he picked them up? and it is plain, if the first gathering made them not his, nothing else
could. at labour put a distinction between them and common: that added something
to them more than nature, the common mother of all, had done; and so they became his
private right. And will any one say, he had no right to those acorns or apples, he thus appropriated, because he had not the consent of all mankind to make them his? Was it a
robbery thus to assume to himself what belonged to all in common? If such a consent as
that was necessary, man had starved, notwithstanding the plenty God had given him. We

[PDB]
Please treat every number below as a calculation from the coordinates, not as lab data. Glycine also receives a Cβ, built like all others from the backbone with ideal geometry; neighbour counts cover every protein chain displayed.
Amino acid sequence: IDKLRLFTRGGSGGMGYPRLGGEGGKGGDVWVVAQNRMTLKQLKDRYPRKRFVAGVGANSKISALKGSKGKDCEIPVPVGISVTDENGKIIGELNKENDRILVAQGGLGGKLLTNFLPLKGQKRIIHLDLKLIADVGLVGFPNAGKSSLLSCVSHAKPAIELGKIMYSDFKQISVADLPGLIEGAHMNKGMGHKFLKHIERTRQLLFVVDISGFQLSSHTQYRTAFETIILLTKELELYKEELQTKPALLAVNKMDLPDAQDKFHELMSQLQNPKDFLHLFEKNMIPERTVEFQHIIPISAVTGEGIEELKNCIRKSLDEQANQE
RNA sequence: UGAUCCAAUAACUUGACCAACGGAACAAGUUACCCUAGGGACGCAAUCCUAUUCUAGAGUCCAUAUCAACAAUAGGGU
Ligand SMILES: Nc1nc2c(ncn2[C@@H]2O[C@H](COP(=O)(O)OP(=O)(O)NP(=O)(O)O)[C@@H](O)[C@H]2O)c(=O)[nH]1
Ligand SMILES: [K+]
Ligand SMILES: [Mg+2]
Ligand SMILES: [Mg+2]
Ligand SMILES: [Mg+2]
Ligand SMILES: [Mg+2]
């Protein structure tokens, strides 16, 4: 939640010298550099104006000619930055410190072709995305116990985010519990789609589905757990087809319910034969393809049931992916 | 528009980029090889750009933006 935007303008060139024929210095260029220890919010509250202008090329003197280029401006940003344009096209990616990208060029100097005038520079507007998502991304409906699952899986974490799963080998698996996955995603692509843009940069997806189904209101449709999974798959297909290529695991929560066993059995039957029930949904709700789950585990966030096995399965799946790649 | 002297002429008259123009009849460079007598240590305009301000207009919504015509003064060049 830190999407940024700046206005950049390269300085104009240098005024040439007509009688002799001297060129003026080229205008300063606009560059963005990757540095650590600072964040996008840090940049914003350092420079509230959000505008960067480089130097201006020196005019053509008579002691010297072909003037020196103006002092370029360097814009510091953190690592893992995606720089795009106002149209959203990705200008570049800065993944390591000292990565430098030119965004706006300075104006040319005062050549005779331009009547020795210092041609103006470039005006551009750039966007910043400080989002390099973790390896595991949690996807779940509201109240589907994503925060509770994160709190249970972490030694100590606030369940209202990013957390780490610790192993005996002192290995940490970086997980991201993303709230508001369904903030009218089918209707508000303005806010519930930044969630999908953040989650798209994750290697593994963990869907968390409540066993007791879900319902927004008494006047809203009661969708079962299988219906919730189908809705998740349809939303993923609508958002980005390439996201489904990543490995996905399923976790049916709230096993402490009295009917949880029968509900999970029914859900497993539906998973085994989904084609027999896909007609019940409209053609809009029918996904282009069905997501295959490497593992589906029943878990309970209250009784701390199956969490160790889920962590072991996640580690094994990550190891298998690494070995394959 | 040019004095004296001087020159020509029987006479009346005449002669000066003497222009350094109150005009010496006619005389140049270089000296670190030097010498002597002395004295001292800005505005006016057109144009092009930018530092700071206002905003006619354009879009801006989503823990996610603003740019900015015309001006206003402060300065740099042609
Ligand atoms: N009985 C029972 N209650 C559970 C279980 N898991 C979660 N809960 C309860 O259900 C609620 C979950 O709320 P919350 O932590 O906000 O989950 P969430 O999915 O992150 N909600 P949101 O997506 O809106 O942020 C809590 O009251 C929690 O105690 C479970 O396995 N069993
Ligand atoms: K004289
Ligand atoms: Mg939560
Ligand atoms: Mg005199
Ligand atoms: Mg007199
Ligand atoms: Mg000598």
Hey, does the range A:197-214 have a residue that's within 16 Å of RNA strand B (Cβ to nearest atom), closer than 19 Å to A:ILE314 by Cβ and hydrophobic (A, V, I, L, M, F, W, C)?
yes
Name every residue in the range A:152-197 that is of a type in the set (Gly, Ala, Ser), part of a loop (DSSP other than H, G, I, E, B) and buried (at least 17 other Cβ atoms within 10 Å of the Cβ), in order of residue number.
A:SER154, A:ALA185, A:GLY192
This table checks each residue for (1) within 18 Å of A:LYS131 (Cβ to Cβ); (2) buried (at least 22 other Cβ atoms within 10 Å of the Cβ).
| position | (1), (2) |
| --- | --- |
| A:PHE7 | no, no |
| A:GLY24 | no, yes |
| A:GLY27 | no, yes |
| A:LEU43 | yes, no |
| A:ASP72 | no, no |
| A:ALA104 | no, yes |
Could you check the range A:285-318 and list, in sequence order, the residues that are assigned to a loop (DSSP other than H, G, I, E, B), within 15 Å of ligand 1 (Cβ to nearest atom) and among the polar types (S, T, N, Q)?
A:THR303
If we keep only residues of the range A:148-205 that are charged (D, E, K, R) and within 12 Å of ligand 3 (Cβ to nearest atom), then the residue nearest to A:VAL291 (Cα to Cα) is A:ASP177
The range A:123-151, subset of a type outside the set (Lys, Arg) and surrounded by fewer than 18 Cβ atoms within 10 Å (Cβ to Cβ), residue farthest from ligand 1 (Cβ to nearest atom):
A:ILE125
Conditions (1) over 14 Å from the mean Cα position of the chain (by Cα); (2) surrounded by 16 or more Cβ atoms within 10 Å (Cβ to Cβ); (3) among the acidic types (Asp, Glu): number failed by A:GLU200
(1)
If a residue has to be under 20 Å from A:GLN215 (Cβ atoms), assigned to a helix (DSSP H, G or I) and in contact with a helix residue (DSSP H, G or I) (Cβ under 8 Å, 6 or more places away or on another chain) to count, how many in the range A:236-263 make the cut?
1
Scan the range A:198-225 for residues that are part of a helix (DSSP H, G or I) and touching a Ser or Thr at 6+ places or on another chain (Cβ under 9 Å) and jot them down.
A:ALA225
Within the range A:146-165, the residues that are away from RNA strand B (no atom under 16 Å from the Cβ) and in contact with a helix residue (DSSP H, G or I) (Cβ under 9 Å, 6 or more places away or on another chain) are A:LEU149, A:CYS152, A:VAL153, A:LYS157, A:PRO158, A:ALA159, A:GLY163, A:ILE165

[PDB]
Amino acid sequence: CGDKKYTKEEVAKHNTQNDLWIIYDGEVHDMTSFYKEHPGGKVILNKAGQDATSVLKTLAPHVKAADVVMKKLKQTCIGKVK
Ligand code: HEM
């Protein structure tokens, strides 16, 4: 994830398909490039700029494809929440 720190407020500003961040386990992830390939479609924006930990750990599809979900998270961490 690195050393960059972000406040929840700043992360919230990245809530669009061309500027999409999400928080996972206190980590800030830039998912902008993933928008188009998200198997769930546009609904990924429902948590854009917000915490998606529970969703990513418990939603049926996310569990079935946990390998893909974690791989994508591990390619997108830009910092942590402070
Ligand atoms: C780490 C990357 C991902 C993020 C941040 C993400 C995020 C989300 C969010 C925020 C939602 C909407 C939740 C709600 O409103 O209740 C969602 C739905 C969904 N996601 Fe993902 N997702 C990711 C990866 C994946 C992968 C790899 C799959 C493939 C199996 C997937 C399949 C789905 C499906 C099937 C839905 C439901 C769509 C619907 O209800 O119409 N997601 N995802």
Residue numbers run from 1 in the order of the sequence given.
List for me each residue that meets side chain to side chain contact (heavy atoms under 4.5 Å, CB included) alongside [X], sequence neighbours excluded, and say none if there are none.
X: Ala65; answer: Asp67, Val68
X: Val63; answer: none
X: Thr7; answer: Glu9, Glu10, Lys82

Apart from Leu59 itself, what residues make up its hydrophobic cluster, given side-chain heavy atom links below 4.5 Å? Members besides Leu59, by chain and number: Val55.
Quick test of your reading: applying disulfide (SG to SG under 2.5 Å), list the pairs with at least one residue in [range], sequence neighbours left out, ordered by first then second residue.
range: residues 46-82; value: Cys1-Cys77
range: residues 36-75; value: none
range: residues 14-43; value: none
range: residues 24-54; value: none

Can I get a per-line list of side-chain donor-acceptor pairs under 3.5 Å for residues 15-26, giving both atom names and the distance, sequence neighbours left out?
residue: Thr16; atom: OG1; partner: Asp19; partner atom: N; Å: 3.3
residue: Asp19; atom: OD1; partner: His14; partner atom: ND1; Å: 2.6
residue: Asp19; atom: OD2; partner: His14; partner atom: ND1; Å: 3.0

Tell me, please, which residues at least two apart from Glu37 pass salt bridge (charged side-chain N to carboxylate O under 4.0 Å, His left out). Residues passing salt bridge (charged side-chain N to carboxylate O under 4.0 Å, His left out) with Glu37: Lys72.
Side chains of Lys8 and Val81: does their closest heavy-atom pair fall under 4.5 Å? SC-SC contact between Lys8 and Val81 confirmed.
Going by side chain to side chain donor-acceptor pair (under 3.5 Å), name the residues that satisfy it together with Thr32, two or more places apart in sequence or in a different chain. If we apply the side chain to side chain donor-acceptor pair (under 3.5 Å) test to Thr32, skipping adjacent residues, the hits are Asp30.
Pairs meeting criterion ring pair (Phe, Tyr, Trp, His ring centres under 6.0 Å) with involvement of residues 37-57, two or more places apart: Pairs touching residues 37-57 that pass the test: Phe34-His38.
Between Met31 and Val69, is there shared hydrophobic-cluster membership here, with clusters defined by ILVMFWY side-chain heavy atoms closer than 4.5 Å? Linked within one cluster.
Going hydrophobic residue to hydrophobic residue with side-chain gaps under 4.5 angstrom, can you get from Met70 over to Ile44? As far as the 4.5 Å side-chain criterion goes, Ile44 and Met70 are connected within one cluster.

see in commons, which remain so by compact, that it is the taking any part of what is
common, and removing it out of the state nature leaves it in, which begins the property; without which the common is of no use. And the taking of this or that part, does not
depend on the express consent of all the commoners. us the grass my horse has bit; the
turfs my servant has cut; and the ore I have digged in any place, where I have a right to
them in common with others, become my property, without the assignation or consent
of any body. e labour that was mine, removing them out of that common state they
were in, hath fixed my property in them.
Sec. 29. By making an explicit consent of every commoner, necessary to any one’s appropriating to himself any part of what is given in common, children or servants could not
cut the meat, which their father or master had provided for them in common, without as-